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Part of the Climate Change exhibition.
Earth's biodiversity is mostly in the tropics, and most tropical species can survive within only a narrow temperature range. That's because the environment they're adapted to is fairly constant year-round.
As global temperature warms, tropical animals are likely to feel the effects in unpredictable ways. Perhaps most at risk are species with small habitats in the tropical mountains. Some are moving to higher ground in search of cooler conditions—but those already living near summits may find themselves with nowhere to go.
The chameleon on display in the exhibit, Calumma tsaratanense, is found nowhere on Earth other than the island of Madagascar, off the southeast coast of Africa (map). And on that island, they are found nowhere but the remote Tsaratanana massif, the highest peak in Madagascar.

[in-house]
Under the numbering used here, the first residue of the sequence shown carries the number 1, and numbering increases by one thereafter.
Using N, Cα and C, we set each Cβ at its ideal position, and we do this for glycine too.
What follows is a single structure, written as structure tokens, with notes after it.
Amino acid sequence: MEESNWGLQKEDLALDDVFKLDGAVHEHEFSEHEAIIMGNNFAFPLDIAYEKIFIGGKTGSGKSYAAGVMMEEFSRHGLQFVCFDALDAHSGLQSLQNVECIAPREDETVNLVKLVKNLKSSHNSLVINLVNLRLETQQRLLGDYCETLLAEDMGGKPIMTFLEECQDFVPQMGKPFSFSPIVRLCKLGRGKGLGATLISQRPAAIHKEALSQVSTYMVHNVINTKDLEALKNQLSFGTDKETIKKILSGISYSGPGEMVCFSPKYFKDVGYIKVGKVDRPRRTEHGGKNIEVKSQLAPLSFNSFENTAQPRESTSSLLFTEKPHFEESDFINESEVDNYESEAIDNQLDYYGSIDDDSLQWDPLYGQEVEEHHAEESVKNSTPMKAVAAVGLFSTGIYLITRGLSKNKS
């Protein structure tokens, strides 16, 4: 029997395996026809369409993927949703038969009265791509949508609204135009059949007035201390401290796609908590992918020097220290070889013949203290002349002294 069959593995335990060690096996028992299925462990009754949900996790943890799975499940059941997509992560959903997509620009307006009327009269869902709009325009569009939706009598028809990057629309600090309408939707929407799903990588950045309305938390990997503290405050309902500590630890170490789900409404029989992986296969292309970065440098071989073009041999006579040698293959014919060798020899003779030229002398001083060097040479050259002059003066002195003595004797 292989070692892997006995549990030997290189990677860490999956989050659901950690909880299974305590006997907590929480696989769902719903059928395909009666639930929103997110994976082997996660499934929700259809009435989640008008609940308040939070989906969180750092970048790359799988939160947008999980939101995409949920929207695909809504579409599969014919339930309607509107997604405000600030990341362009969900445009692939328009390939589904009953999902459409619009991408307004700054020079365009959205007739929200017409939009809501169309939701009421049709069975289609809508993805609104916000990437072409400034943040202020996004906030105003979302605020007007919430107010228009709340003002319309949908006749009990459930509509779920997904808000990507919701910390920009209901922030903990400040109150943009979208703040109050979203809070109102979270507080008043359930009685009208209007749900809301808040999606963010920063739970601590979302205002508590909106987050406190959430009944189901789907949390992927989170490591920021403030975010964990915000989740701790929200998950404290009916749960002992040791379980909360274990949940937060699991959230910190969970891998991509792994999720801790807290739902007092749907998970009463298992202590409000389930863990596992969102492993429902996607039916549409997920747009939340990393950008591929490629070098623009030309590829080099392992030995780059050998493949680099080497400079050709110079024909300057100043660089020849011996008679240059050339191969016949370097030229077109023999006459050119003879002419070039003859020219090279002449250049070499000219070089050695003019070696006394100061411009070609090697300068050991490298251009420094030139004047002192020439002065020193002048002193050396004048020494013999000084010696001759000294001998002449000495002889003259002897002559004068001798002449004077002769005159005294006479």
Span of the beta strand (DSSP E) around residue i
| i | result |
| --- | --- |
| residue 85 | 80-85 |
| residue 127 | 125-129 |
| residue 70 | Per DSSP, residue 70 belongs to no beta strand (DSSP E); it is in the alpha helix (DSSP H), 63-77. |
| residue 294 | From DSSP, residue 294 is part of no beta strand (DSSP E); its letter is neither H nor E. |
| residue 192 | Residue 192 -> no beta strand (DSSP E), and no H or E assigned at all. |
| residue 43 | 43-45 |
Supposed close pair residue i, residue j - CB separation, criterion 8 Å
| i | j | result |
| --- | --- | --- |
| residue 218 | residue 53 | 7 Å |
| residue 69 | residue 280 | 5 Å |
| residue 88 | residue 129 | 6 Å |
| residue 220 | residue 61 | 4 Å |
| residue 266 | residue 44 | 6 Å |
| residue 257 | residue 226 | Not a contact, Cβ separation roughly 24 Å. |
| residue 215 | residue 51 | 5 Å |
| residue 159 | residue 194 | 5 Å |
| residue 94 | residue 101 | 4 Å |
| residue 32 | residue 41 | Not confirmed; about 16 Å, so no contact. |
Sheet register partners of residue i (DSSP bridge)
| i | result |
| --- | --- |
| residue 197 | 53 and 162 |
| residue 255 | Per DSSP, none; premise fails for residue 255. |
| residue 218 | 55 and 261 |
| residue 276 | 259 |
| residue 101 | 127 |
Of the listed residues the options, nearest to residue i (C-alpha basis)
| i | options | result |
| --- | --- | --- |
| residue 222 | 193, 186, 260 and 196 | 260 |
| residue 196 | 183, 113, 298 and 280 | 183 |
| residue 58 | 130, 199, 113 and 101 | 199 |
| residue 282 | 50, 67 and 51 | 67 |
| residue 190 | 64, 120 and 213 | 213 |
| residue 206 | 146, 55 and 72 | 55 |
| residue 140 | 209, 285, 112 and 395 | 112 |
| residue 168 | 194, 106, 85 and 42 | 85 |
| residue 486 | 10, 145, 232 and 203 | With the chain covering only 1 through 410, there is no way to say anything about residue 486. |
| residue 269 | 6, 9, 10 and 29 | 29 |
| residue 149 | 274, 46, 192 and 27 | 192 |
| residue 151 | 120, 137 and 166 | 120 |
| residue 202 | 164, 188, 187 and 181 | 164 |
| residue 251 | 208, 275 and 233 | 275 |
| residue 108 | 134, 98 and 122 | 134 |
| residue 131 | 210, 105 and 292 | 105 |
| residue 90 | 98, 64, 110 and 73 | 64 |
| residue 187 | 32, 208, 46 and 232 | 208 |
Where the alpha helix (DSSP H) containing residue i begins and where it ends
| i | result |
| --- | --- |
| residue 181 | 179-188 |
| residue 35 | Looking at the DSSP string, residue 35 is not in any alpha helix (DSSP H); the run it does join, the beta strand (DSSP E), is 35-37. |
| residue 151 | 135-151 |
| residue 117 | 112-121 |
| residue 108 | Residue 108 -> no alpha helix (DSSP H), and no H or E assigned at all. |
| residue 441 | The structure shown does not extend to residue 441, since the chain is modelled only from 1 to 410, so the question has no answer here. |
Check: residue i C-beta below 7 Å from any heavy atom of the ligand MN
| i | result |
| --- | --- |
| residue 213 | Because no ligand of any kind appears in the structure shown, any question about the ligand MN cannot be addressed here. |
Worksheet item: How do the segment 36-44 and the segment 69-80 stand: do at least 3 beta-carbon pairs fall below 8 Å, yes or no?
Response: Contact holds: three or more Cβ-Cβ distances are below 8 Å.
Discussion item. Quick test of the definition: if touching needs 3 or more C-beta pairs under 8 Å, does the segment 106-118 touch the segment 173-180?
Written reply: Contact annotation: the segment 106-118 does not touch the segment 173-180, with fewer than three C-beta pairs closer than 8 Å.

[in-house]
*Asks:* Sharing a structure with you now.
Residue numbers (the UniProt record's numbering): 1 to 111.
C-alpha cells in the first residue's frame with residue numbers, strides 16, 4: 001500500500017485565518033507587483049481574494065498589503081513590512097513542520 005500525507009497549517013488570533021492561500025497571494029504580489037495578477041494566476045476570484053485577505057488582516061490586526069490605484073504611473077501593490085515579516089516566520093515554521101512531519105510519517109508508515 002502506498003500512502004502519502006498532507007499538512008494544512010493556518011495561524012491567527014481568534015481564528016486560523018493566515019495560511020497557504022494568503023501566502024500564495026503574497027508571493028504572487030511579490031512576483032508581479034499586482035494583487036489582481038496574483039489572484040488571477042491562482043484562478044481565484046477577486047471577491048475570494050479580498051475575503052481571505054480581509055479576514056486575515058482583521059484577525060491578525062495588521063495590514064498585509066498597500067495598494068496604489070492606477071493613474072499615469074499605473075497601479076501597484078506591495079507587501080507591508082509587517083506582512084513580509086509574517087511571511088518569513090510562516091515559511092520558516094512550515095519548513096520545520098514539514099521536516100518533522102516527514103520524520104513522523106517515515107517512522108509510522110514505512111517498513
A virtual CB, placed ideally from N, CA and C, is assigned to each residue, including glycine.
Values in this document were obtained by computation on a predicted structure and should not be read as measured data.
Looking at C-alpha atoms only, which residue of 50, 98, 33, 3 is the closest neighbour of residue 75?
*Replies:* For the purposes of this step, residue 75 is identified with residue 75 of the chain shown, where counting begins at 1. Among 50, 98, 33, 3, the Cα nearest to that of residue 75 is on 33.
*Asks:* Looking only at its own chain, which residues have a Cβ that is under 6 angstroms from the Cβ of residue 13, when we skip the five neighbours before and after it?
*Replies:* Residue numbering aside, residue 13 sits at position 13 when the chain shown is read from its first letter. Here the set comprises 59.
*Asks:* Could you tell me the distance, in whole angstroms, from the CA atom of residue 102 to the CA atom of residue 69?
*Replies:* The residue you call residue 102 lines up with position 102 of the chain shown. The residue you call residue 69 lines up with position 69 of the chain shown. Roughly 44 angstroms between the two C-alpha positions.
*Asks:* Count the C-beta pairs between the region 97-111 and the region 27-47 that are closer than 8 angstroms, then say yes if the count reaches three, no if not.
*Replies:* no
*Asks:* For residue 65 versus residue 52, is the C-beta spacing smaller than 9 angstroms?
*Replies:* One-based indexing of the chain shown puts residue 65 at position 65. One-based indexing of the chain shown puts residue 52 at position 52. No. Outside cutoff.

But even there, the chameleons aren't safe. Warming trends in Madagascar equal or exceed global averages. And scientists studying reptile and amphibian species found an average uphill migration that almost exactly matched what the animals needed to offset that temperature increase. The researchers predict that a 1.7°C (3°F) rise would be enough to drive to extinction endemic species living within 300 meters (1,000 feet) of summits all over the island.
The spotted lined gecko (Phelsuma lineata punctulata) lives only within 600 meters of Madagascar's highest peak. Like many mountain-dwelling tropical animals, it is vulnerable to habitat loss caused by projected warming.
In the past, protecting species has meant protecting habitat from development. But even a protected habitat like this region in northeastern Madagascar may be lost for inhabitants that cannot adapt to climate change.